Director Not Necessarily an Agent

Director Not Necessarily an Agent

Director not necessarily an agent was considered in the case of Poole v Hinton [2019] EWHC 2331 (Ch).

The case concerned the setting aside of a default judgment against Mr Poole who had been declared bankrupt. Whilst in the process of setting aside the creditor’s default judgment, Mr Poole was made bankrupt.

The case culminated in Mr Poole’s application to appeal the Trustee in Bankruptcy’s decision to admit the default judgment creditor claim.

Mr Hinton, the Trustee in Bankruptcy, adopted a neutral stance and the Court looked into the claim for default judgment.

The outcome was that the Court found for the bankrupt and set aside the default judgment on the basis of matters of construction in an assignment document. It considered if Mr Poole was an agent whilst acting as a Director because the term “agent” was a relevant reference point in the definitions of the assigned claims.

The court said that a Director might be an agent of a company and then again might not be.

Mr Mundy’s starting point is that Claims Direct did not assign to Mr Carroll claims against directors. He accepts that a director may act as a company’s agent, but the two things are different. Simply being a director does not make you the agent of the company for all purposes. He submits that for Mr Carroll’s claim to come within this class of claim, the director (Mr Poole) had to be acting as an agent of Claims Direct when he undertook the sale which gives rise to it. Or to put it more broadly, that the claim is against an agent for something he did (or did not do) as an agent. It may be that there is a claim against Mr Poole for breach of his director’s duties in relation to this sale, but if he was not acting as an agent how is the claim said to be brought against an agent?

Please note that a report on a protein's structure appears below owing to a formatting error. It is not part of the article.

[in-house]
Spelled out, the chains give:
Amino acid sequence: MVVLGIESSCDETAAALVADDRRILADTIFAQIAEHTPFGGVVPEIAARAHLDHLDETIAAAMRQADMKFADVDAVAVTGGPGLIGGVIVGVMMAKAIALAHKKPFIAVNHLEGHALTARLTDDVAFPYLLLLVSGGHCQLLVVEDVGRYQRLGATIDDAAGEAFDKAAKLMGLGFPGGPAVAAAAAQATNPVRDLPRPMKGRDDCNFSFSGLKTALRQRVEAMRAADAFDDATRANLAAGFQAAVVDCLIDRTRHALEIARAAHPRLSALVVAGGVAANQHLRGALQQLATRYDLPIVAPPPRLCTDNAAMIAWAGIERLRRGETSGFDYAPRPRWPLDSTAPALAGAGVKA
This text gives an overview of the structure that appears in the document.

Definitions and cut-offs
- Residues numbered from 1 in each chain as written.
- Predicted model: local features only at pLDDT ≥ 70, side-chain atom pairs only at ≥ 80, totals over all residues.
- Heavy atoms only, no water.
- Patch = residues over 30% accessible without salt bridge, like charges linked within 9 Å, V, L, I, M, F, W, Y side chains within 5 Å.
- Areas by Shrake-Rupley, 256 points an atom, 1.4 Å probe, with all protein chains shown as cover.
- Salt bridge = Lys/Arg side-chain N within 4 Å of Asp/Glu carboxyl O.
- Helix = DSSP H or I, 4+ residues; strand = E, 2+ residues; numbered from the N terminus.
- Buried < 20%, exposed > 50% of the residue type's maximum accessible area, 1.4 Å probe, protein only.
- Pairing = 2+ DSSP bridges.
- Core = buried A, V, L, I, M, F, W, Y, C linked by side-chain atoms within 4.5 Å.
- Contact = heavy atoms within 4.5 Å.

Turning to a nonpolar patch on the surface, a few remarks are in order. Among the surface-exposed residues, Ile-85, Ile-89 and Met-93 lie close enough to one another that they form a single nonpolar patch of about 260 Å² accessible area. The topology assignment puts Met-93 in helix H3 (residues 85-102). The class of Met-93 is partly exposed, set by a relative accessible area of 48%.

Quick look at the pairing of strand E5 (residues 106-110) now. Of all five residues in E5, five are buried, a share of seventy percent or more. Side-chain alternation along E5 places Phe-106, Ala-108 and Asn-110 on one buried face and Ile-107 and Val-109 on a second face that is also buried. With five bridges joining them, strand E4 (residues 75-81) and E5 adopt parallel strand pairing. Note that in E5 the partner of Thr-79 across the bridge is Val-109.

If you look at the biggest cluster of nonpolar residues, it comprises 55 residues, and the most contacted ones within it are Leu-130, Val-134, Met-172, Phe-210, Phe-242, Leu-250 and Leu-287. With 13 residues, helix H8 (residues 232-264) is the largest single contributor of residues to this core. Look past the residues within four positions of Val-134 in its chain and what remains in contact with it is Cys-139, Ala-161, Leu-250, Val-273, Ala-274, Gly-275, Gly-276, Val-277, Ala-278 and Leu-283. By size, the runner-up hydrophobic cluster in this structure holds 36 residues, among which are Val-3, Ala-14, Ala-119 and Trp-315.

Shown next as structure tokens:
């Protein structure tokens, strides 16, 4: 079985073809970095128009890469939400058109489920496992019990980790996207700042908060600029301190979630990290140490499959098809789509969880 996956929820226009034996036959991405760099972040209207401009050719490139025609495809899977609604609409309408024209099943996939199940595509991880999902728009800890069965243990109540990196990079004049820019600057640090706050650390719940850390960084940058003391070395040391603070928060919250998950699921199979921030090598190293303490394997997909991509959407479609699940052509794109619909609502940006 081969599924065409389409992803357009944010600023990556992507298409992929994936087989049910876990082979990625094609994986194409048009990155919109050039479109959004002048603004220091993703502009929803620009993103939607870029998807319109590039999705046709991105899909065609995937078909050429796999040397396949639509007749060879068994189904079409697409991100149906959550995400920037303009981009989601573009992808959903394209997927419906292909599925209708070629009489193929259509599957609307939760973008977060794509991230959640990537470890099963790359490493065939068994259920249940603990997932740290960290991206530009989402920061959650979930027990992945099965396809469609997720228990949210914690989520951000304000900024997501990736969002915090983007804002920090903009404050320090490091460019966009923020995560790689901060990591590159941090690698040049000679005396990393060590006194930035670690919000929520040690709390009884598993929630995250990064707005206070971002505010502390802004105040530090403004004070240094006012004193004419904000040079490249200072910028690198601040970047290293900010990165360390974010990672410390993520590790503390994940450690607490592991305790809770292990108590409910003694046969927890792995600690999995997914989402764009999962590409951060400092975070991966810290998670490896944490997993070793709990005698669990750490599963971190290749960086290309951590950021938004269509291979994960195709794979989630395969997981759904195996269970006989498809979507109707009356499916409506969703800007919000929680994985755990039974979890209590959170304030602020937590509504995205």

Mr McCormick QC submits that to come within this class of claim is a two stage process. The first question is whether this an action against one of the classes of people listed? He submits that Mr Poole was a Director and so he was an agent of the company. He puts the matter this way in his skeleton argument: directors are agents of a company and so the ordinary usage of the word “agents” includes directors. The second question is whether this is a claim which arises out of the operation of the business? Again he submits that it is. He disagrees with Mr Mundy’s submission that the agent must have been acting as the company’s agent in relation to the matters which give rise to the claim. Mr McCormick QC submits that it is sufficient that he was in fact an agent. The language of the assignment does not require more

Mr McCormick QC’s approach is that the word “Agent” in the assignment would include a director. The point Mr Mundy makes is a fine one, but he is right to say that whilst a director may be an agent of a company, he might not be. Consequently I should not read the word “Agent” in the assignment as necessarily including a director without more. If the director was acting as an agent for the purposes of the matters giving rise to the claim, then the claim against him would be caught by the definition of “the Claims” but if he were not then it would not be.

It follows that the claim was not validly assigned.